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Training Evaluation and the Transfer of Training

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    After companies determine through their HR departments that their employees need training to strengthen or acquire certain knowledge, attitudes and skills inherent in the successful development of a particular job, the next step would be to determine what type of training is better suited to the needs of the company. In addition, they should determine where, when and under what conditions they should be conducted. However, more frequently managers and supervisors are the first hurdles that a company must overcome for healthy training implementation.

    Many managers and supervisors consider training as something that should be implemented within the organization because of superiors’ mandate, but in which they do not have any expectations about possible outcomes or achievements, or simply because they perceive it as a threat. From this explanation, can deduce that if training process is unnecessary, much more the evaluation process. If there is no added value in training, there will be not reason of evaluation.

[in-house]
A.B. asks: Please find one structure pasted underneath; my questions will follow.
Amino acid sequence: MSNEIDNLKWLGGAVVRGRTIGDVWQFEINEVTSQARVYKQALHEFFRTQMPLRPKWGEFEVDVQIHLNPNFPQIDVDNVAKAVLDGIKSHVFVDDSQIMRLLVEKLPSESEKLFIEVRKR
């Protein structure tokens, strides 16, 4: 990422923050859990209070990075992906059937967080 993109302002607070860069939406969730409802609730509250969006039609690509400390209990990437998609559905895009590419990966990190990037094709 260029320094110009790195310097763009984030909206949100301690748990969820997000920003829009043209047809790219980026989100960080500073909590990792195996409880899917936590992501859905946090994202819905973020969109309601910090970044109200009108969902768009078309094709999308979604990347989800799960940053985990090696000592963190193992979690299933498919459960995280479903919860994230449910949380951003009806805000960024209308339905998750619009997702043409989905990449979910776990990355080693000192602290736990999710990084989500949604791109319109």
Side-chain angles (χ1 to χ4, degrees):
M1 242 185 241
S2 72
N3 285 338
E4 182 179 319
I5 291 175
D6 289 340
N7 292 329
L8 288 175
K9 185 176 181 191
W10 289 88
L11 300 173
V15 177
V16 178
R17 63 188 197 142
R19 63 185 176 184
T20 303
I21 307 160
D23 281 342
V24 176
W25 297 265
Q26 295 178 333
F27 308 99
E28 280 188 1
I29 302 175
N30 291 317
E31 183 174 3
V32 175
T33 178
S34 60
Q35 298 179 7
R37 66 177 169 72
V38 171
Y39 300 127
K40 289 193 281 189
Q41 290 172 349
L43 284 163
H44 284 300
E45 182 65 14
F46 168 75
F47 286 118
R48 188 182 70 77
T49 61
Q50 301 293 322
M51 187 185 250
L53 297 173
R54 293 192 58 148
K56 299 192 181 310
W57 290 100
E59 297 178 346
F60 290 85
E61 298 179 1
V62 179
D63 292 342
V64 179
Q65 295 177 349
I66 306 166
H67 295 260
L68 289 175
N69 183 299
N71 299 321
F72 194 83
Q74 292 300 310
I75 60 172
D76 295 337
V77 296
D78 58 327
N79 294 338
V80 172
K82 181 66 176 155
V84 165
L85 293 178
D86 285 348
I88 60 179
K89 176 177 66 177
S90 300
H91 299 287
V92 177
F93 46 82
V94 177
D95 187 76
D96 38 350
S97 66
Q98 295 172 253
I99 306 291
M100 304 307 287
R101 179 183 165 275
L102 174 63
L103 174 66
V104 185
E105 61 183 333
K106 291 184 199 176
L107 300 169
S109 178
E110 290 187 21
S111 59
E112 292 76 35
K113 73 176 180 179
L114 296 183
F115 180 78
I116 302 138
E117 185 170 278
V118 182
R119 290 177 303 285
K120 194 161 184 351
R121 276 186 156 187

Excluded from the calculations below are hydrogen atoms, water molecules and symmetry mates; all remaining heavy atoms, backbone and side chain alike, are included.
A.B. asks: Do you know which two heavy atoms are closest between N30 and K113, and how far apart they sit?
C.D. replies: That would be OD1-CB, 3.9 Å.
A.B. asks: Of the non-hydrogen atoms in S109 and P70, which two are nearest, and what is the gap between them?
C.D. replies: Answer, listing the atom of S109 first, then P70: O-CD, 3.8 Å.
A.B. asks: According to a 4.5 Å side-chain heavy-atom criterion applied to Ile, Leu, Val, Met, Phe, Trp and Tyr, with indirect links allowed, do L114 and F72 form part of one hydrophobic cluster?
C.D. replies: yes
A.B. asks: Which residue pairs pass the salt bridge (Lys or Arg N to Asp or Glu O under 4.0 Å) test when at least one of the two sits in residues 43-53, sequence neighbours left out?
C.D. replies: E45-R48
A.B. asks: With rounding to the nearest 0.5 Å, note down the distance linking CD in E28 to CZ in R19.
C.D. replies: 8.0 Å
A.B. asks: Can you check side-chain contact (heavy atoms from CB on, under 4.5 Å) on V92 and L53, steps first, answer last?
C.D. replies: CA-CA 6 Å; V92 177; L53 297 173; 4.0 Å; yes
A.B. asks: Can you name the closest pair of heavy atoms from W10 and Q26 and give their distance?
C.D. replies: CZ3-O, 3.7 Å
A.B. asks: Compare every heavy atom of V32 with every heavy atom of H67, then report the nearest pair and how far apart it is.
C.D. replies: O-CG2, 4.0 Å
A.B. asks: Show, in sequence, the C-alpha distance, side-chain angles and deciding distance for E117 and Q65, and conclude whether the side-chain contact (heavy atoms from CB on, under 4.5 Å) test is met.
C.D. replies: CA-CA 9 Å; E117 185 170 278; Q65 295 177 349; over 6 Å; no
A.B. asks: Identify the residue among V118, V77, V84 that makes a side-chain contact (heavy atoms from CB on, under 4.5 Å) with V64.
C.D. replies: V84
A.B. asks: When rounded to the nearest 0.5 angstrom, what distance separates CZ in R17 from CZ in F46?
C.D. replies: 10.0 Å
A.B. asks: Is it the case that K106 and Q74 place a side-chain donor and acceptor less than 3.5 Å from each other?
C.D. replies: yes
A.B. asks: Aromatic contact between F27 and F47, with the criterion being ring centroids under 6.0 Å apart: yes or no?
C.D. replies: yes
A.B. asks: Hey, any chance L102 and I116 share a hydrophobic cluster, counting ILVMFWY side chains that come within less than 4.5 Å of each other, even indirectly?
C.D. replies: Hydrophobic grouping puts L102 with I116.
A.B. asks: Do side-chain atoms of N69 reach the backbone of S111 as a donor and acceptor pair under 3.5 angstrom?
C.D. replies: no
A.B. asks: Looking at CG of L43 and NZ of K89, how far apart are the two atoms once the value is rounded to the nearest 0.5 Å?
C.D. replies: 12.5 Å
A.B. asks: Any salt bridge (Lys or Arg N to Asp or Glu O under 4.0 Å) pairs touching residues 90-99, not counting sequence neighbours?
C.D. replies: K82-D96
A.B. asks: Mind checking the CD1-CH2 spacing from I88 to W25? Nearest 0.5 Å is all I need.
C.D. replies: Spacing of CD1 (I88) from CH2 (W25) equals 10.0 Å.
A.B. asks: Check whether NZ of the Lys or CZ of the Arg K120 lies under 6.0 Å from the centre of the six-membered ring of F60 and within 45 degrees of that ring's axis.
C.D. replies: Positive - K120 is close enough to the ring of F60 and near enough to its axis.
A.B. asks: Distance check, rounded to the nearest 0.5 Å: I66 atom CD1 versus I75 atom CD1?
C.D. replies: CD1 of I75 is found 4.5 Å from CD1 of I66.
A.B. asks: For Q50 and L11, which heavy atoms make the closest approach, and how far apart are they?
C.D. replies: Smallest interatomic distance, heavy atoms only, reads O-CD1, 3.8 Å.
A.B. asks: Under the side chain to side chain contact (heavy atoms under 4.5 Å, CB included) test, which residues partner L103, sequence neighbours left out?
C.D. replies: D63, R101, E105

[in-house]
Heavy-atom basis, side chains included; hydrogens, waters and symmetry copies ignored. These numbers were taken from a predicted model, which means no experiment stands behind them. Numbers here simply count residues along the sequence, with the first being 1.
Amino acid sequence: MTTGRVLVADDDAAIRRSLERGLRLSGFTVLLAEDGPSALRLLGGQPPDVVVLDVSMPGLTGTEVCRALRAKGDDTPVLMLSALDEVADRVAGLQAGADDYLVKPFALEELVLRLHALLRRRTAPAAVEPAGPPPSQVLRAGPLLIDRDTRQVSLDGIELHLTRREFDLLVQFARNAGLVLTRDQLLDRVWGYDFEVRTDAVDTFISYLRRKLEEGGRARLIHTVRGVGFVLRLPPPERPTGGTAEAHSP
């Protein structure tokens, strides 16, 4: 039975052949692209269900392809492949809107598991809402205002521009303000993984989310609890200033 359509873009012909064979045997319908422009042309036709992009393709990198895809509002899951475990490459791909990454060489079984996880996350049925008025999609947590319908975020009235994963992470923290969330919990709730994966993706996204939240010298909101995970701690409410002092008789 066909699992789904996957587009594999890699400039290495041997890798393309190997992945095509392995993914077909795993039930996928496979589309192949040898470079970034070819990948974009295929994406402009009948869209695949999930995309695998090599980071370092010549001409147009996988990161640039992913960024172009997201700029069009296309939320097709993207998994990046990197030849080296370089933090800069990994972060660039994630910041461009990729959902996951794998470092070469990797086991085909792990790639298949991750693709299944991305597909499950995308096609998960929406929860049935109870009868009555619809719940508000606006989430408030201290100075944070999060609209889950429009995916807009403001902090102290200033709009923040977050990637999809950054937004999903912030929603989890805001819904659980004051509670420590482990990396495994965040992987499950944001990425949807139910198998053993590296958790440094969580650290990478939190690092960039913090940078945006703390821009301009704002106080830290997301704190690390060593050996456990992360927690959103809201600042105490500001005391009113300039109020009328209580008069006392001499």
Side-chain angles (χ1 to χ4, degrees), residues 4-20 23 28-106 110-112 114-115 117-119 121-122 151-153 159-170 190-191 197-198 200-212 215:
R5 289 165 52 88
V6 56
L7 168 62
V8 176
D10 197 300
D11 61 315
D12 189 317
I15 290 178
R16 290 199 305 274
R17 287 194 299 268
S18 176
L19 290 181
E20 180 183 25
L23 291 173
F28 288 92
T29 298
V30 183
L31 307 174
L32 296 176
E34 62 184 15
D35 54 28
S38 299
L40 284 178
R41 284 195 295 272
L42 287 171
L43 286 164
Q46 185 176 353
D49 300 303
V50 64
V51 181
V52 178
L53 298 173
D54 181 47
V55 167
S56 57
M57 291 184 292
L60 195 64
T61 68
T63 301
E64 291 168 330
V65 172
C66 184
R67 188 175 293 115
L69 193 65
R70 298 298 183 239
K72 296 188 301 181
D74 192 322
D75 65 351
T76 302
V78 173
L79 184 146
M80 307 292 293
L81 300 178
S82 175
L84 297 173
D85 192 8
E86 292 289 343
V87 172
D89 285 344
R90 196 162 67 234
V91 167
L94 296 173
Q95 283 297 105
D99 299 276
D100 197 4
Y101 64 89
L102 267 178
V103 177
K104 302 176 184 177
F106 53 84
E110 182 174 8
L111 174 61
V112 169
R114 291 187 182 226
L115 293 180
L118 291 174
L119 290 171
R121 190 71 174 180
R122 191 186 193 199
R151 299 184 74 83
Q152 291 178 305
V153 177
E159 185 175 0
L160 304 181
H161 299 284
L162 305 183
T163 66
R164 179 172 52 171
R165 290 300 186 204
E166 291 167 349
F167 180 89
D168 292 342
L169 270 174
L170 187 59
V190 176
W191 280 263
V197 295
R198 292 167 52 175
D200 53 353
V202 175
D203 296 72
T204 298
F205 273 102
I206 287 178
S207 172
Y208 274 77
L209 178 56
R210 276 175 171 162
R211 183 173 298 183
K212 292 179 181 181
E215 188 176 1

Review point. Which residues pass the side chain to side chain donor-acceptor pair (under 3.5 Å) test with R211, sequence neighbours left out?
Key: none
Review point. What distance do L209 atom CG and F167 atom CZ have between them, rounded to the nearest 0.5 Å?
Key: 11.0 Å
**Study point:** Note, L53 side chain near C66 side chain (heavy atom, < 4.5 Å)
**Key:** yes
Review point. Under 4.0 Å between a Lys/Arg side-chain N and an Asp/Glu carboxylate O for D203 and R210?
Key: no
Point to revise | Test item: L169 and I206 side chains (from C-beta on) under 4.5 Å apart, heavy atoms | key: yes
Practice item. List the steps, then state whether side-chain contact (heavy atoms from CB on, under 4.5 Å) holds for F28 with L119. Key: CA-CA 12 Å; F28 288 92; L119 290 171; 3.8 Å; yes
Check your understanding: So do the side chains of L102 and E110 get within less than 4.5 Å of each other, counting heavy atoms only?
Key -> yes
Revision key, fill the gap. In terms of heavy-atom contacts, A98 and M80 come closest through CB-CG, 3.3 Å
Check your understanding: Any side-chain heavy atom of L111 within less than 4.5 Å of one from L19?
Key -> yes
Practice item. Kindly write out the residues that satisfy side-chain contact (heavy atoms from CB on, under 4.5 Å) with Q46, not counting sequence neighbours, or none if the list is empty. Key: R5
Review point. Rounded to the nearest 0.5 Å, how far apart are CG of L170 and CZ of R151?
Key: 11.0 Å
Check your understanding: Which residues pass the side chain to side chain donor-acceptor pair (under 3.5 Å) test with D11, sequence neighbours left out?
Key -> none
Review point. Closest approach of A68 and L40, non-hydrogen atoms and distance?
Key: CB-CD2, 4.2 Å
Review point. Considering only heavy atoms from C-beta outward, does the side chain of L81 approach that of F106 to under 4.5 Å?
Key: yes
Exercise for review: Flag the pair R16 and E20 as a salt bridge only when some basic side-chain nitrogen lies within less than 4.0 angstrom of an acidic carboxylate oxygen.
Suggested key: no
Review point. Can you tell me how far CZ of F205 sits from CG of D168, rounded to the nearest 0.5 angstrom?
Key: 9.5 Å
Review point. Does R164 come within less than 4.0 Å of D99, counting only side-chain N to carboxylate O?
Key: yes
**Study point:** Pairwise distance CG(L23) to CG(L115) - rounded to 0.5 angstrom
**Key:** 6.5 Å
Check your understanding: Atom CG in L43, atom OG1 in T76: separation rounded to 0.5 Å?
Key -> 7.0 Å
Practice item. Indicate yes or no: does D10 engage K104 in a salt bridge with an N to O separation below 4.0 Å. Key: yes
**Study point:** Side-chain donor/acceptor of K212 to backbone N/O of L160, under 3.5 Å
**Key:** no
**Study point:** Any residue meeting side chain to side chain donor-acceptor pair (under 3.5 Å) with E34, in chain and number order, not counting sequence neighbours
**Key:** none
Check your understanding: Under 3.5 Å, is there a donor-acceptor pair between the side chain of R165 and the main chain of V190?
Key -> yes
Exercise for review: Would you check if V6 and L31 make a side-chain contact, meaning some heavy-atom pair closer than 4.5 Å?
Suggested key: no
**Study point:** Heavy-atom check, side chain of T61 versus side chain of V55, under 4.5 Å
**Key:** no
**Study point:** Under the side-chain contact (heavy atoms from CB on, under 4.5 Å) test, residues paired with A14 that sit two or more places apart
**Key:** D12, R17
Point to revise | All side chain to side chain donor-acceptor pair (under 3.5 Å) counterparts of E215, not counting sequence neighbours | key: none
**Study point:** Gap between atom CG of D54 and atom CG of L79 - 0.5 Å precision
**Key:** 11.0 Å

This research analyzes some important journal articles showing the results of the investigations carried out in certain colleges, whose objective was to determine the possible relationship between employee attitudes and levels of effectiveness of training. The research results suggest that training effectiveness can be determined by evaluating the formation and implementation of a system to consistently evaluate the results of the training and how that transfer of training is implemented in workplaces.

    Both the evaluation of training and how that training is transferred to the workplace are strategic because they allow determining the benefits that organization which covers the costs, gets from the training. Keywords: training, evaluation of training, transfer of training, training effectiveness Training Evaluation and the Transfer of Training Job analysis is a summary of a job’s tasks and the knowledge, skills and abilities required for a suitable performance.